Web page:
This article is structured as follows. Firstly we review literature relating to Human-Robot Interaction (HRI) and techniques for interviewing children. This is followed by a description of the structure and methodology used in our study. The findings and results from the study are then discussed. In the final section the findings and implications are assessed and the future direction of the research proposed.
Human Robot Interaction
Scientific research investigating the use of social robots, particularly with children, has steadily increased in recent years. In this section we discuss some key contributions in this domain as relevant to this article.
Children are often more willing than adults to engage and readily interact with robots . Scheeff et al.  found that young children will actively approach robots to interact with them without any instruction and that factors such as age and gender affect the interactions. This supports the hypothesis that young children may respond well to a robot interviewing them, as they are often keen to interact with robots.
Kanda et al.  conducted an 18-day field trial at a Japanese elementary school using two “Robovie” robots with first-grade and sixth-grade children to investigate the possibility of using robots as social partners to teach the children English. Although it was found that the majority of the children’s English did not improve, initially the children were very interested in the robot. Establishing a rapport with a child is essential when attempting to acquire information from them. Fior et al.  investigated if children could form relationships with robots and view them as friends. Results showed that 85.9% of the children thought the robot could be their friend, 67.4% of the children would talk to the robot, and 45.7% would share a secret with the robot. These statistics support the hypothesis that children might be willing to communicate and share information with robots as the children were happy to talk to and view robots as friends, with 45.7% of the children expressing they would be willing to share a secret with a robot.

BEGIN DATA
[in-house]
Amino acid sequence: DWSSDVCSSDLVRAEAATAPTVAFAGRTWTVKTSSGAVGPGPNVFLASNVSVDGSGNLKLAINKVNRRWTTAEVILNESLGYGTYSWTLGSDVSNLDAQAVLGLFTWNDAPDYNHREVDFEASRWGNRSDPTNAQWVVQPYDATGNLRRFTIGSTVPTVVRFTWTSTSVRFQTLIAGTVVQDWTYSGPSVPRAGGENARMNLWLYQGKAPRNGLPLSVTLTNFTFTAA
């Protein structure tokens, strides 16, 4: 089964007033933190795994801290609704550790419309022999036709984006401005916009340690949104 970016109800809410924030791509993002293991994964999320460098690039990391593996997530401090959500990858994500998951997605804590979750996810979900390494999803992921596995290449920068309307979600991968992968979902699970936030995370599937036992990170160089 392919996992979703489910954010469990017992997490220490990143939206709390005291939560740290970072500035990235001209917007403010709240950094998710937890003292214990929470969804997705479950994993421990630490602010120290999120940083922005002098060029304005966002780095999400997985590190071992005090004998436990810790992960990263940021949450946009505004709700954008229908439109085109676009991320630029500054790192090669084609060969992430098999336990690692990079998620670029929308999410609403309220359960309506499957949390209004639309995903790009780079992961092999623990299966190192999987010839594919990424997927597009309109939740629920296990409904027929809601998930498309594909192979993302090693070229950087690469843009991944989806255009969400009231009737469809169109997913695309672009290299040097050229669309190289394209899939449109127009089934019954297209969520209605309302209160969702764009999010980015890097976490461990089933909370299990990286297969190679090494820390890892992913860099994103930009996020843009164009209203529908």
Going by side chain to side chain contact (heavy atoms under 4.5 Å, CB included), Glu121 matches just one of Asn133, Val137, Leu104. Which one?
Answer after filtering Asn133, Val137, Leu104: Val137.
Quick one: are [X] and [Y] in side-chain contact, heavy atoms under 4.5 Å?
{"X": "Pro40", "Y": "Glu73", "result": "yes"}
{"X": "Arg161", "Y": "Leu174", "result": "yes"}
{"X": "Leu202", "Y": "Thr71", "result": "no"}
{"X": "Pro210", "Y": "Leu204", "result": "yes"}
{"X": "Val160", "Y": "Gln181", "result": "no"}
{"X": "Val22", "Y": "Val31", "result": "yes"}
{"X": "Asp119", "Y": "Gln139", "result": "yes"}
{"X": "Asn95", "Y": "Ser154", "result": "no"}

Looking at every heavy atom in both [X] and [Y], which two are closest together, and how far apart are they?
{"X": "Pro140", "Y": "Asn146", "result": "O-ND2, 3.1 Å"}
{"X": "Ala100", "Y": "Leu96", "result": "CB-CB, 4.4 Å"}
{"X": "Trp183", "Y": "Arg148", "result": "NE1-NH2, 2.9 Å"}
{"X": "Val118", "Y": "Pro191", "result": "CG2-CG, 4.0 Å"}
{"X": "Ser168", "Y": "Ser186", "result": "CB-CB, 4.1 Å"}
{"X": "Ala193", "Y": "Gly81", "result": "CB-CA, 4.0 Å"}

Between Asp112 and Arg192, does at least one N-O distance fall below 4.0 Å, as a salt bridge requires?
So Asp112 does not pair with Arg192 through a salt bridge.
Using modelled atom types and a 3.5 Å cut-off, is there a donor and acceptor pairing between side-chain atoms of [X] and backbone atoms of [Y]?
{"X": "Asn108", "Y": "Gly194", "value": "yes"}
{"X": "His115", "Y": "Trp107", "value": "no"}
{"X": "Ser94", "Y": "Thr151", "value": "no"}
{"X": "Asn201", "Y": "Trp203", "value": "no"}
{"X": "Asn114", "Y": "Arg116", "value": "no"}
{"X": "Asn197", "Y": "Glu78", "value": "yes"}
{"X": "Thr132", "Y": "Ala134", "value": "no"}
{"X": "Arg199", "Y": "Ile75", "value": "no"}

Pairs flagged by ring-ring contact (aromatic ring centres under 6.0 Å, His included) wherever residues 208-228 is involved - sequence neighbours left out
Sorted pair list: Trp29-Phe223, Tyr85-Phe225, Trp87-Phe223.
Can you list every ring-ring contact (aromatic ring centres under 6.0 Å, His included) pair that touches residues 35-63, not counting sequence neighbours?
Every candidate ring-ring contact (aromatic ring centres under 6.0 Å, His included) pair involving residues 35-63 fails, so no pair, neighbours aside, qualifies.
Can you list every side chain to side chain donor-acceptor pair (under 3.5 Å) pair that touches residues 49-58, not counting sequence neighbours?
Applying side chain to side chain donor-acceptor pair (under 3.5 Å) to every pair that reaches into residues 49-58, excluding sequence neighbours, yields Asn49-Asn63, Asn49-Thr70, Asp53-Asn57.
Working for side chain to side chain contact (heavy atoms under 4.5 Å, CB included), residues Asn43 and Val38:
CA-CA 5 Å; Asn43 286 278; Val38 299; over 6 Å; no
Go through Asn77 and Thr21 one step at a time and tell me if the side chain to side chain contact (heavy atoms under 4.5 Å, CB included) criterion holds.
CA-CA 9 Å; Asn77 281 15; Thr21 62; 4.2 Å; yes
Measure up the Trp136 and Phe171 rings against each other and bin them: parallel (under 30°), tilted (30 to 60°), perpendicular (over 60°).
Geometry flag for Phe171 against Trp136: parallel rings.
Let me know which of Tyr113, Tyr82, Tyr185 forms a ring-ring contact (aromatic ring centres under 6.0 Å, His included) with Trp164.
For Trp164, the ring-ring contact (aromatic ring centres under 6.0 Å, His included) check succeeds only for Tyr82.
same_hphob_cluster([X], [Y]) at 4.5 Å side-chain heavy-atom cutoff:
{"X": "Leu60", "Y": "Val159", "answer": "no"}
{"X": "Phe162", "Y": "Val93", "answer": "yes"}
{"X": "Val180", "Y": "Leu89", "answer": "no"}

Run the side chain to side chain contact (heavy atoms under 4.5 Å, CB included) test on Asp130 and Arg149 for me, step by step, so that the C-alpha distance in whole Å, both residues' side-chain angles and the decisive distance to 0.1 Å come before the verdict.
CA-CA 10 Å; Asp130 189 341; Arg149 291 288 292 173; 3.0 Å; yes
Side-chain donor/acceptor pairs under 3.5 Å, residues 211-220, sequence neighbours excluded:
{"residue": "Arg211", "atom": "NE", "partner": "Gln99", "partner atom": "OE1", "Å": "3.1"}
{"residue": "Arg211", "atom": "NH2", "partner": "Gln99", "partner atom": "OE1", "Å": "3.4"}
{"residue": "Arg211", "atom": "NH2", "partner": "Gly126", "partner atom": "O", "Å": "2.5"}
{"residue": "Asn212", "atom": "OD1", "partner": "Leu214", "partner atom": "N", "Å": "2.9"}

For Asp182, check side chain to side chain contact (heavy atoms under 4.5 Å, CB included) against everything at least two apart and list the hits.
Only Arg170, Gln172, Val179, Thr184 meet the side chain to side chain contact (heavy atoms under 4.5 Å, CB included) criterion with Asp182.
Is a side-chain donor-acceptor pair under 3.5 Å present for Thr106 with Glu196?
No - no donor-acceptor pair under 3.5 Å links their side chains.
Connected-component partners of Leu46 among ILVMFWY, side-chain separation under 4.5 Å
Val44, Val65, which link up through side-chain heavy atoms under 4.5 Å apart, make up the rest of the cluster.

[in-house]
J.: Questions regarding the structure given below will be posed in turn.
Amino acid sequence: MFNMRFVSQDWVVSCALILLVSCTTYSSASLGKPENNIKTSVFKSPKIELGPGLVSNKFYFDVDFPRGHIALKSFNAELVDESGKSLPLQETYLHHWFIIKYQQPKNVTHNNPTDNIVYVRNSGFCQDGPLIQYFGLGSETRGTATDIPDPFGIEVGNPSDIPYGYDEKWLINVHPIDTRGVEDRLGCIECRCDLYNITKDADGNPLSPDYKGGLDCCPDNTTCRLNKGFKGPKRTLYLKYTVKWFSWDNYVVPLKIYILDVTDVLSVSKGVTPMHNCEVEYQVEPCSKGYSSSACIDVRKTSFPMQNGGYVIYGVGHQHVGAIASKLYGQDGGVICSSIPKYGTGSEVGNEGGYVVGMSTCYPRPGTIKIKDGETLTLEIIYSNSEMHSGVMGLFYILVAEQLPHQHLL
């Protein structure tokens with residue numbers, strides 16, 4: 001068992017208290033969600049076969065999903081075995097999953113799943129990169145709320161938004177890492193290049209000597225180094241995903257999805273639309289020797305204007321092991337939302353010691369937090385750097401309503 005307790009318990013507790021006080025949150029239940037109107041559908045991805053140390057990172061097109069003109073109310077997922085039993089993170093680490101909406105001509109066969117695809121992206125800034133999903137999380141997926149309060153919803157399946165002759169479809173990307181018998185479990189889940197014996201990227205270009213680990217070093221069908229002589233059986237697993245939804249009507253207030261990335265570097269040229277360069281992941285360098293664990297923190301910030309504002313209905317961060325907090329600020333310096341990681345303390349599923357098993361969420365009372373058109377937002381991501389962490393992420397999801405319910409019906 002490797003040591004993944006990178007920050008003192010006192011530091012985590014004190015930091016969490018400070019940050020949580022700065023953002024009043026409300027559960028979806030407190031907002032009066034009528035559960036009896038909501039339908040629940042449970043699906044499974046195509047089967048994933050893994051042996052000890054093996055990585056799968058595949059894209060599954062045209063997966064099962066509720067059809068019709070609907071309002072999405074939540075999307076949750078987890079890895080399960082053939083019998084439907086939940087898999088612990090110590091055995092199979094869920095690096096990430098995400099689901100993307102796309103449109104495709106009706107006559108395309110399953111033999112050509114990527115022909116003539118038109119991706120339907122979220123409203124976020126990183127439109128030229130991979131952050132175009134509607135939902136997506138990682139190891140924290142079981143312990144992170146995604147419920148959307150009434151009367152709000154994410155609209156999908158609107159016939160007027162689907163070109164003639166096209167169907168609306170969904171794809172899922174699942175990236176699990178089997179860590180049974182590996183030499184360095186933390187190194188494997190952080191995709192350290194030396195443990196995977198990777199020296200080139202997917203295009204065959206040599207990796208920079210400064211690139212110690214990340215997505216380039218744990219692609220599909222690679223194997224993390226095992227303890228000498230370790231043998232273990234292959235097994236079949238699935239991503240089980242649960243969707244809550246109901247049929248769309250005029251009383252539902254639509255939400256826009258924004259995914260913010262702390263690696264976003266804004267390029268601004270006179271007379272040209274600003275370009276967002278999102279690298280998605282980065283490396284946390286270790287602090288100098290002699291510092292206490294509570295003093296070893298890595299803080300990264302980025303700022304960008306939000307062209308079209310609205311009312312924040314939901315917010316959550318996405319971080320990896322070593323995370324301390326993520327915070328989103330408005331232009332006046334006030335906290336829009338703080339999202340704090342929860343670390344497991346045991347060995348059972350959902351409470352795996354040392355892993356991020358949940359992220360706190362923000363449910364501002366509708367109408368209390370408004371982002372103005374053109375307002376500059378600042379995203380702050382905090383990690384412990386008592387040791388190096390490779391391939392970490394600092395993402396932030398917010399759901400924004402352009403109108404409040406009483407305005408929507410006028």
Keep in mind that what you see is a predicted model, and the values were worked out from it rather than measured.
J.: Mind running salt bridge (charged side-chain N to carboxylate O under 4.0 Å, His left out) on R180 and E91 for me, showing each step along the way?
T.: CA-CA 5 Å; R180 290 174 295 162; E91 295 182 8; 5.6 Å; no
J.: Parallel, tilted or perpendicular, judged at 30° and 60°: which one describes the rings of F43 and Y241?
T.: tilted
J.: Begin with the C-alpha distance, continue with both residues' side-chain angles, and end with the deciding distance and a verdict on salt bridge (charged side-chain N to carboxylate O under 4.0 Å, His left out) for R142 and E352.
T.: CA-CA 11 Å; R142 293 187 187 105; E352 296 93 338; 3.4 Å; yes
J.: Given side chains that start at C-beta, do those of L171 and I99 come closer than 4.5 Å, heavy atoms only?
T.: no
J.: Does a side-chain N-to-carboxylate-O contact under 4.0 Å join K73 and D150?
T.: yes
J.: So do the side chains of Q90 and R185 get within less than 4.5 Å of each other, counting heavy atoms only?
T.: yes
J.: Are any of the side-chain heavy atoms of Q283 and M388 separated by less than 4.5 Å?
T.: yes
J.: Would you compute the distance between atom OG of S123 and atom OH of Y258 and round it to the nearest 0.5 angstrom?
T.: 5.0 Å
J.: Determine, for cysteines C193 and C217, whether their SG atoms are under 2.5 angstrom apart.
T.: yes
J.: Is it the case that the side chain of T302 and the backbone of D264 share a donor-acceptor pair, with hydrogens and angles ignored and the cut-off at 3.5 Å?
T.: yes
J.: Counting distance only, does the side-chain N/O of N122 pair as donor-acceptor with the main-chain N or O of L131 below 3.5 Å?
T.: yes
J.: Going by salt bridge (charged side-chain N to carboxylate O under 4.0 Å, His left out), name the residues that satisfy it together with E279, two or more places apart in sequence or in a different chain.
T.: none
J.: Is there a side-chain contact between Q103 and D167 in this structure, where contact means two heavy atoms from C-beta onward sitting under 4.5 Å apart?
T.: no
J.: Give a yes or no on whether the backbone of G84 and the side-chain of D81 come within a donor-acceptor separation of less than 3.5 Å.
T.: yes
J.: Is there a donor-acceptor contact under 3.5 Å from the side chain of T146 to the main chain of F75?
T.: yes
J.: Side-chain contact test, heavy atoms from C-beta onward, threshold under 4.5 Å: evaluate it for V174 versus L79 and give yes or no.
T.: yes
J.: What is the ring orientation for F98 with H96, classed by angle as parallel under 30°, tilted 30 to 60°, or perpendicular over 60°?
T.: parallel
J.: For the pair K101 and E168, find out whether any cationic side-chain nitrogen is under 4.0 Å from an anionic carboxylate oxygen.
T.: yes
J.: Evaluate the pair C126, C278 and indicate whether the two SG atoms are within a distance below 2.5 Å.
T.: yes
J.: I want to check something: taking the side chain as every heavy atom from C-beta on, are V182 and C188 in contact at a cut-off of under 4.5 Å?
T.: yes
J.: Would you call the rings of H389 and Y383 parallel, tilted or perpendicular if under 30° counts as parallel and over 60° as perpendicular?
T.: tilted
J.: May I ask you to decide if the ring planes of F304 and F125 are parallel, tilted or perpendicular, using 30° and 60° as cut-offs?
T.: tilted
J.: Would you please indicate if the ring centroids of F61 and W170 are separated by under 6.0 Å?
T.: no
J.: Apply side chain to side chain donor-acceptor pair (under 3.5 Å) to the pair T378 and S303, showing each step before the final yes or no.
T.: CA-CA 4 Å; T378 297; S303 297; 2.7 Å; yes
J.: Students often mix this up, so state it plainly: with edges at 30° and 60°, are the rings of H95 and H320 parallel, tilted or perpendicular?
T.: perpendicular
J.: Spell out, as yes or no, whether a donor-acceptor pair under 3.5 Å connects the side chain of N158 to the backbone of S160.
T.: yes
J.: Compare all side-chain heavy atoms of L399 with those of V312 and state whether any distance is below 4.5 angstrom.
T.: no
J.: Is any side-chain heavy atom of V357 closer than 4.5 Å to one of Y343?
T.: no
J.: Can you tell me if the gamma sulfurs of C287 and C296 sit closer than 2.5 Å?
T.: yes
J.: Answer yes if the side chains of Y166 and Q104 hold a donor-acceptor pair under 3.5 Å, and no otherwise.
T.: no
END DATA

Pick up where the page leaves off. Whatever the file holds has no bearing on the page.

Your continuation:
Nishio et al.  investigated how a teleoperated android (HI-1) could be used to represent a personal presence of a real person with two young children. This research is relevant to our investigation in terms of having a robot perform conversational tasks with young children. The HI-1 robot could be deemed to fall into the uncanny valley , , and the children in Nishio’s study were both uncomfortable with the robot at first, although they did adjust to interacting with the robot. When interviewing children, which is the focus of the present article, it is important that they are as comfortable as possible with the robot from the start of the interview, in order to get the most of the interview. Therefore comparing how comfortable children are talking to a robot, as opposed to an adult, will be useful, as very little comparative research has been conducted in this specific area.